In Anthony’s quixotic mission and in Alison’s tortured self-questioning, Drabble raises the crucial, if unresolvable, issues of the novel: How much real choice do human beings have? Where does responsibility begin and end? In her exploration of these issues, Drabble gradually and somewhat tentatively reveals a link between respect for life in all its phases and the willingness to take responsibility for oneself and others. That respect is too often missing in Anthony’s and Alison’s worlds. Indeed, the Ice Age wasteland must be at least partly attributed to the egocentricity of its inhabitants. Terrible accidents do happen, and there is apparently no benign providence to set them right. It is equally clear, however, that too many people have made irresponsible, “anticonservationist” choices. Kitty is maimed not by accident but because someone deliberately planted a bomb, not caring who its victims might be. The property developers have crashed because they have risked too much on schemes of questionable social utility and society, sometimes in the form of recalcitrant city planning boards, is making them pay the price. It is clear also that too many people Jane Murray, Linton Hancox, Tom Callander are so preoccupied with assigning blame to others that they do not learn from their own mistakes. All recognize an atmosphere of petulance and irresponsibility, but few recognize their own contributions to that atmosphere. Anthony and Alison, for all of their inconsistencies, are able to see at least intermittently the interconnectedness of things: “None of our decisions is taken in isolation if decisions we can call them.”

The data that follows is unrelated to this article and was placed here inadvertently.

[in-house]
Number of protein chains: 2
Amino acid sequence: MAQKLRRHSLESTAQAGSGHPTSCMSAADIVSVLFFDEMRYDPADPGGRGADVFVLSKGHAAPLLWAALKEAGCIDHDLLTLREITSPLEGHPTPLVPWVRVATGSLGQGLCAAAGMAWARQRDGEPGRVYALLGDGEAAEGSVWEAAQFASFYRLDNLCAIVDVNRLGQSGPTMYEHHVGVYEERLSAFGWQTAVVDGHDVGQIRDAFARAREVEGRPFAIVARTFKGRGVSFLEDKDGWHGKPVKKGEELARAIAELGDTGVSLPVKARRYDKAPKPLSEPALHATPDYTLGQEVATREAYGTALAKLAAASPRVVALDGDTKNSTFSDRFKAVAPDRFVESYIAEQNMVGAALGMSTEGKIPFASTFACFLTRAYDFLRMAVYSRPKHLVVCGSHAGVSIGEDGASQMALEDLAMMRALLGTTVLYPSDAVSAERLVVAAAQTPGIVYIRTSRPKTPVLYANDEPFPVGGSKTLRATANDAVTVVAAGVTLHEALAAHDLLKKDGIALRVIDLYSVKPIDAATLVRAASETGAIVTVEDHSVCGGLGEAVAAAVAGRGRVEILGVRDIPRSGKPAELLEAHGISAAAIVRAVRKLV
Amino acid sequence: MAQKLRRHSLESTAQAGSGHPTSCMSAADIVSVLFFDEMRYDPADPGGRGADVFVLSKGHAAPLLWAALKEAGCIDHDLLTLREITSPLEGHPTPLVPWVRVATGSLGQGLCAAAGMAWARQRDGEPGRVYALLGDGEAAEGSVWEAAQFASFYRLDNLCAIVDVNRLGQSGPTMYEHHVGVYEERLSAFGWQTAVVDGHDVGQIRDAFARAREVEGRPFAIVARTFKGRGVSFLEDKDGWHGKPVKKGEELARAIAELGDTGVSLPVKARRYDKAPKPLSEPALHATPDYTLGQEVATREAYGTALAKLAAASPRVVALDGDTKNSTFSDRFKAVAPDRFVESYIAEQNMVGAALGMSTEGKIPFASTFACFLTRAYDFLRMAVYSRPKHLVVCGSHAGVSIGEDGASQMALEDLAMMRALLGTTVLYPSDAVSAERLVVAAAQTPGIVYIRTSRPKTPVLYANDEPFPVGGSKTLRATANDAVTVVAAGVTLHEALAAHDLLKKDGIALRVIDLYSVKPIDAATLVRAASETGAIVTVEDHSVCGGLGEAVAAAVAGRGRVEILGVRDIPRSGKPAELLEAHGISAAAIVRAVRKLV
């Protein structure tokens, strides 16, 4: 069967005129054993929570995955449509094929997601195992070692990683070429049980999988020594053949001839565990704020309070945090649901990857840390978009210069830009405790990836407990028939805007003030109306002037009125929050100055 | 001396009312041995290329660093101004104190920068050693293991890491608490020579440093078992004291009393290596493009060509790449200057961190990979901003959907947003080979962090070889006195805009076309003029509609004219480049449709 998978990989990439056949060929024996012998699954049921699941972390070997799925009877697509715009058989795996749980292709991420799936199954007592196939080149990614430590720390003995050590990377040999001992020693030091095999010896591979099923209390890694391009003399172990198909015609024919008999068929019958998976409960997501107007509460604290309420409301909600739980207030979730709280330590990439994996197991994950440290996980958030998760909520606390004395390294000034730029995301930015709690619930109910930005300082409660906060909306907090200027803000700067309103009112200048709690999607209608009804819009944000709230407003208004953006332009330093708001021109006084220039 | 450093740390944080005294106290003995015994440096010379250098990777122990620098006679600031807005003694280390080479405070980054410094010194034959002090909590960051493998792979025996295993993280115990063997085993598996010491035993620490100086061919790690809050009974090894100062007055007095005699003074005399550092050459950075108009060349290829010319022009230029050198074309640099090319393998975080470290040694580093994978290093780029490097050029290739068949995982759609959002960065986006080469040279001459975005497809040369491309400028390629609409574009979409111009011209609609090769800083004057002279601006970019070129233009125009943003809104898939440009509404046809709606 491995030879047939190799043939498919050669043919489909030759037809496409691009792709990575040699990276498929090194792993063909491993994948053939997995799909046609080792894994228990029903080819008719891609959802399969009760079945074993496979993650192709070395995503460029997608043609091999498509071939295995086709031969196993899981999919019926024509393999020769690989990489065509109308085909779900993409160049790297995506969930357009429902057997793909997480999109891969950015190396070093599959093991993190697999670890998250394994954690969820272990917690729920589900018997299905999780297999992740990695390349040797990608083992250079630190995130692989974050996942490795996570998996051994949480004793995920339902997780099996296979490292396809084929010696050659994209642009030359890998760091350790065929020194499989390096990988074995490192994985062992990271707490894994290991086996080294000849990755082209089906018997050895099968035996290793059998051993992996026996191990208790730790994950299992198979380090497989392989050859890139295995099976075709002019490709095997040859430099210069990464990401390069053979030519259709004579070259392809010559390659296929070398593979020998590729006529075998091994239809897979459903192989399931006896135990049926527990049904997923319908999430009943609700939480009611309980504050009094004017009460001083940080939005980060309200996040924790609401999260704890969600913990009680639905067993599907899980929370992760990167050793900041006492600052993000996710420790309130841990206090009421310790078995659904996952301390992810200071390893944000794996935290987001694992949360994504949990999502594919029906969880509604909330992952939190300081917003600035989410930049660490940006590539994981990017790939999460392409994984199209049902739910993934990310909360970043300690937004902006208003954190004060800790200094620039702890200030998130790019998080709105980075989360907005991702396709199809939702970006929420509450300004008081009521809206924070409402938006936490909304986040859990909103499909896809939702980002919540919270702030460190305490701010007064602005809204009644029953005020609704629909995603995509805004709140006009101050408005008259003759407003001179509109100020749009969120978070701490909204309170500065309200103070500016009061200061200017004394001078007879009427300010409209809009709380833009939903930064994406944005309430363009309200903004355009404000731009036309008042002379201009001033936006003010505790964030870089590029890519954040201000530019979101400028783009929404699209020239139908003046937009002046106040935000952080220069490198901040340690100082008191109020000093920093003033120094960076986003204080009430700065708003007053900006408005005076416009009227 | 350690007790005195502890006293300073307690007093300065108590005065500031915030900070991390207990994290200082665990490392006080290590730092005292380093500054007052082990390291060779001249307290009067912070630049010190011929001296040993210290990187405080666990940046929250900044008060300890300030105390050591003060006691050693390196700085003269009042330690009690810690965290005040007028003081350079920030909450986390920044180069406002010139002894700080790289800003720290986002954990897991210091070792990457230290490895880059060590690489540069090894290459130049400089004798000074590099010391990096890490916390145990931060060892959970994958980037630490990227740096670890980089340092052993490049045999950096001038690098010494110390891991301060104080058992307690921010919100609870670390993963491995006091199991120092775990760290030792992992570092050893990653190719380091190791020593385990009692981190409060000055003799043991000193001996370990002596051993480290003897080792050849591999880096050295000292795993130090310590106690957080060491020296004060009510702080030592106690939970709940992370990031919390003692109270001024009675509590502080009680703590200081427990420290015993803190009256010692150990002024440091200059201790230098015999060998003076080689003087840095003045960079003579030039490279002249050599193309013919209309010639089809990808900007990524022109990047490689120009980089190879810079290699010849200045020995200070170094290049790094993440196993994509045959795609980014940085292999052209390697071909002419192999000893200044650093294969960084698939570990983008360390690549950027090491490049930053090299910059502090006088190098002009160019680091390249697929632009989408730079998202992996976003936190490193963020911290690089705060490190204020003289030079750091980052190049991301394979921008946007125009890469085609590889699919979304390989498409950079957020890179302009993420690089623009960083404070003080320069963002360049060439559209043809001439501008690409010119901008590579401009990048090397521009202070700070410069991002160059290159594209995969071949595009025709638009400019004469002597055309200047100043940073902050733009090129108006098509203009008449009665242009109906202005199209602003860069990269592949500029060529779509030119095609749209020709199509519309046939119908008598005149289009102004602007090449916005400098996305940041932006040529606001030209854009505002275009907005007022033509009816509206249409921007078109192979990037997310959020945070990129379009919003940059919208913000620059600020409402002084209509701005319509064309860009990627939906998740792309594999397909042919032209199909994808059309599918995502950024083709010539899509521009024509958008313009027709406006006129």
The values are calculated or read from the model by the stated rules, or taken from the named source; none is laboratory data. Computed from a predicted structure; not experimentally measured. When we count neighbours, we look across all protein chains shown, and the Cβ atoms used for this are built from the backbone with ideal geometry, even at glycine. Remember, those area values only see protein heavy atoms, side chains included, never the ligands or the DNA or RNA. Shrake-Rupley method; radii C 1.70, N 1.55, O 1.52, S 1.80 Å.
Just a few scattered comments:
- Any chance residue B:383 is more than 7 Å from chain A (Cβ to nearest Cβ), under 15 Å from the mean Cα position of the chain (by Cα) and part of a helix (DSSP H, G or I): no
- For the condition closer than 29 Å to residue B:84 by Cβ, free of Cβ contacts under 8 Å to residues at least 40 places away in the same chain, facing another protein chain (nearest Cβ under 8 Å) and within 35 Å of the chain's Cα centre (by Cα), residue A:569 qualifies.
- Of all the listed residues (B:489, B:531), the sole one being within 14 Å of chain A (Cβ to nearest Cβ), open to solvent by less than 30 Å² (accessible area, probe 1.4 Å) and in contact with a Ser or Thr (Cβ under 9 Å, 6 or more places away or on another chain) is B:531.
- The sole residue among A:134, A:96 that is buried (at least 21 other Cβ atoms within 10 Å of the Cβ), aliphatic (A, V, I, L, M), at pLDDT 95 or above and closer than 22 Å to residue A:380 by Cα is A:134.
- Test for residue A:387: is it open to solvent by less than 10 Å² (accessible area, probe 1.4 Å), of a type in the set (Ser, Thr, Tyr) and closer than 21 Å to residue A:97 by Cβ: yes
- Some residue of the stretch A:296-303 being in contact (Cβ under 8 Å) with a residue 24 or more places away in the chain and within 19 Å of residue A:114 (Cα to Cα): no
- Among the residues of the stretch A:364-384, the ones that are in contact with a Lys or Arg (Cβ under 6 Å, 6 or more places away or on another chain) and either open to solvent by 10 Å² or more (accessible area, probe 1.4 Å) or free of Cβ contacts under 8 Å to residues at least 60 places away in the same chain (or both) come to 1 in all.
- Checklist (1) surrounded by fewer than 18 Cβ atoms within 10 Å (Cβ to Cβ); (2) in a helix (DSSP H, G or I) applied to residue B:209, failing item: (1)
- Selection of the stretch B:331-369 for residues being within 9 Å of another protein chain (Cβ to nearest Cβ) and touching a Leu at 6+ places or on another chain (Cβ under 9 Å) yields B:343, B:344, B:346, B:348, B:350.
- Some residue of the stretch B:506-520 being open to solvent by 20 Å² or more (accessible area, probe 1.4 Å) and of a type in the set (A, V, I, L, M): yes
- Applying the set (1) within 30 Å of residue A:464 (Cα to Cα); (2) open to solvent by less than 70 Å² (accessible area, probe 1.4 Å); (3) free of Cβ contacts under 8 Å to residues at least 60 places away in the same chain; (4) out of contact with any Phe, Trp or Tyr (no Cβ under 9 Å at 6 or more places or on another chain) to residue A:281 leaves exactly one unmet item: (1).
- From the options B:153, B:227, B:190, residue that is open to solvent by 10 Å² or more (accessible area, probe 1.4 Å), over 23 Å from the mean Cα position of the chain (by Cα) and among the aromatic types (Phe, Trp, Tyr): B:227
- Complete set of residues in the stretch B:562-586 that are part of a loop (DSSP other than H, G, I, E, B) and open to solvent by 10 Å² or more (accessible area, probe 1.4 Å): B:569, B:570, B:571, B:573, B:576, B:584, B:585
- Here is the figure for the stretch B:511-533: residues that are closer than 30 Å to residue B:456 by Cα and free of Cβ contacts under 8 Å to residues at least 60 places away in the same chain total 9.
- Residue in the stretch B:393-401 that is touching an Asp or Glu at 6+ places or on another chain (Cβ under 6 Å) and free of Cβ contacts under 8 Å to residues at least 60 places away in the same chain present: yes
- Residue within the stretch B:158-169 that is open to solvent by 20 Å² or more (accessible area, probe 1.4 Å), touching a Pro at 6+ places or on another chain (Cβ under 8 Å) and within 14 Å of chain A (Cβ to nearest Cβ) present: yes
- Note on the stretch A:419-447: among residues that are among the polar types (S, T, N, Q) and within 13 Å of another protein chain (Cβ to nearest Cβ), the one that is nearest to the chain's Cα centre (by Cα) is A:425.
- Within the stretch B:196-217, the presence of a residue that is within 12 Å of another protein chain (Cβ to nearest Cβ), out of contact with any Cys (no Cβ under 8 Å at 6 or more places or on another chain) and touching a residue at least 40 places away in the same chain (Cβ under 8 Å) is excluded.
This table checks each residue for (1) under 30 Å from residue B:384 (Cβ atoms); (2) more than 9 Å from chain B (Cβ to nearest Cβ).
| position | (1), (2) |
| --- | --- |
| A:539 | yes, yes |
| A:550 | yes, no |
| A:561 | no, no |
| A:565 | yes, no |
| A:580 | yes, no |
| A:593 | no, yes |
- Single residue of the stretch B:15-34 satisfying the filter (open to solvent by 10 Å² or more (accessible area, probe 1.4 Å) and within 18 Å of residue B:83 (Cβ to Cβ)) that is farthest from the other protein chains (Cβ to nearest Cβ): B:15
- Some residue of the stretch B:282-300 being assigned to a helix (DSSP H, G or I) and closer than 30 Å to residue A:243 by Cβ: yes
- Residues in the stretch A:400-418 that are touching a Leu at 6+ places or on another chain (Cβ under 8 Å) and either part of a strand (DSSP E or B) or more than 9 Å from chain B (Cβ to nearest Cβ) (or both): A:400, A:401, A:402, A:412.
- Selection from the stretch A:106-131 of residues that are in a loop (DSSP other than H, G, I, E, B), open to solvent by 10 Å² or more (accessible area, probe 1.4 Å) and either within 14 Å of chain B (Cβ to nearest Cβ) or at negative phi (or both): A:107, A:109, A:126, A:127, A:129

Yet Drabble’s universe is not a moralistic one in which the bad are punished, the good rewarded, and everyone gets what he deserves. Luck, chance, and accident undercut the individual’s sense of purpose and destroy the illusion of control. Resilience may depend upon an acceptance of life’s uncertainties.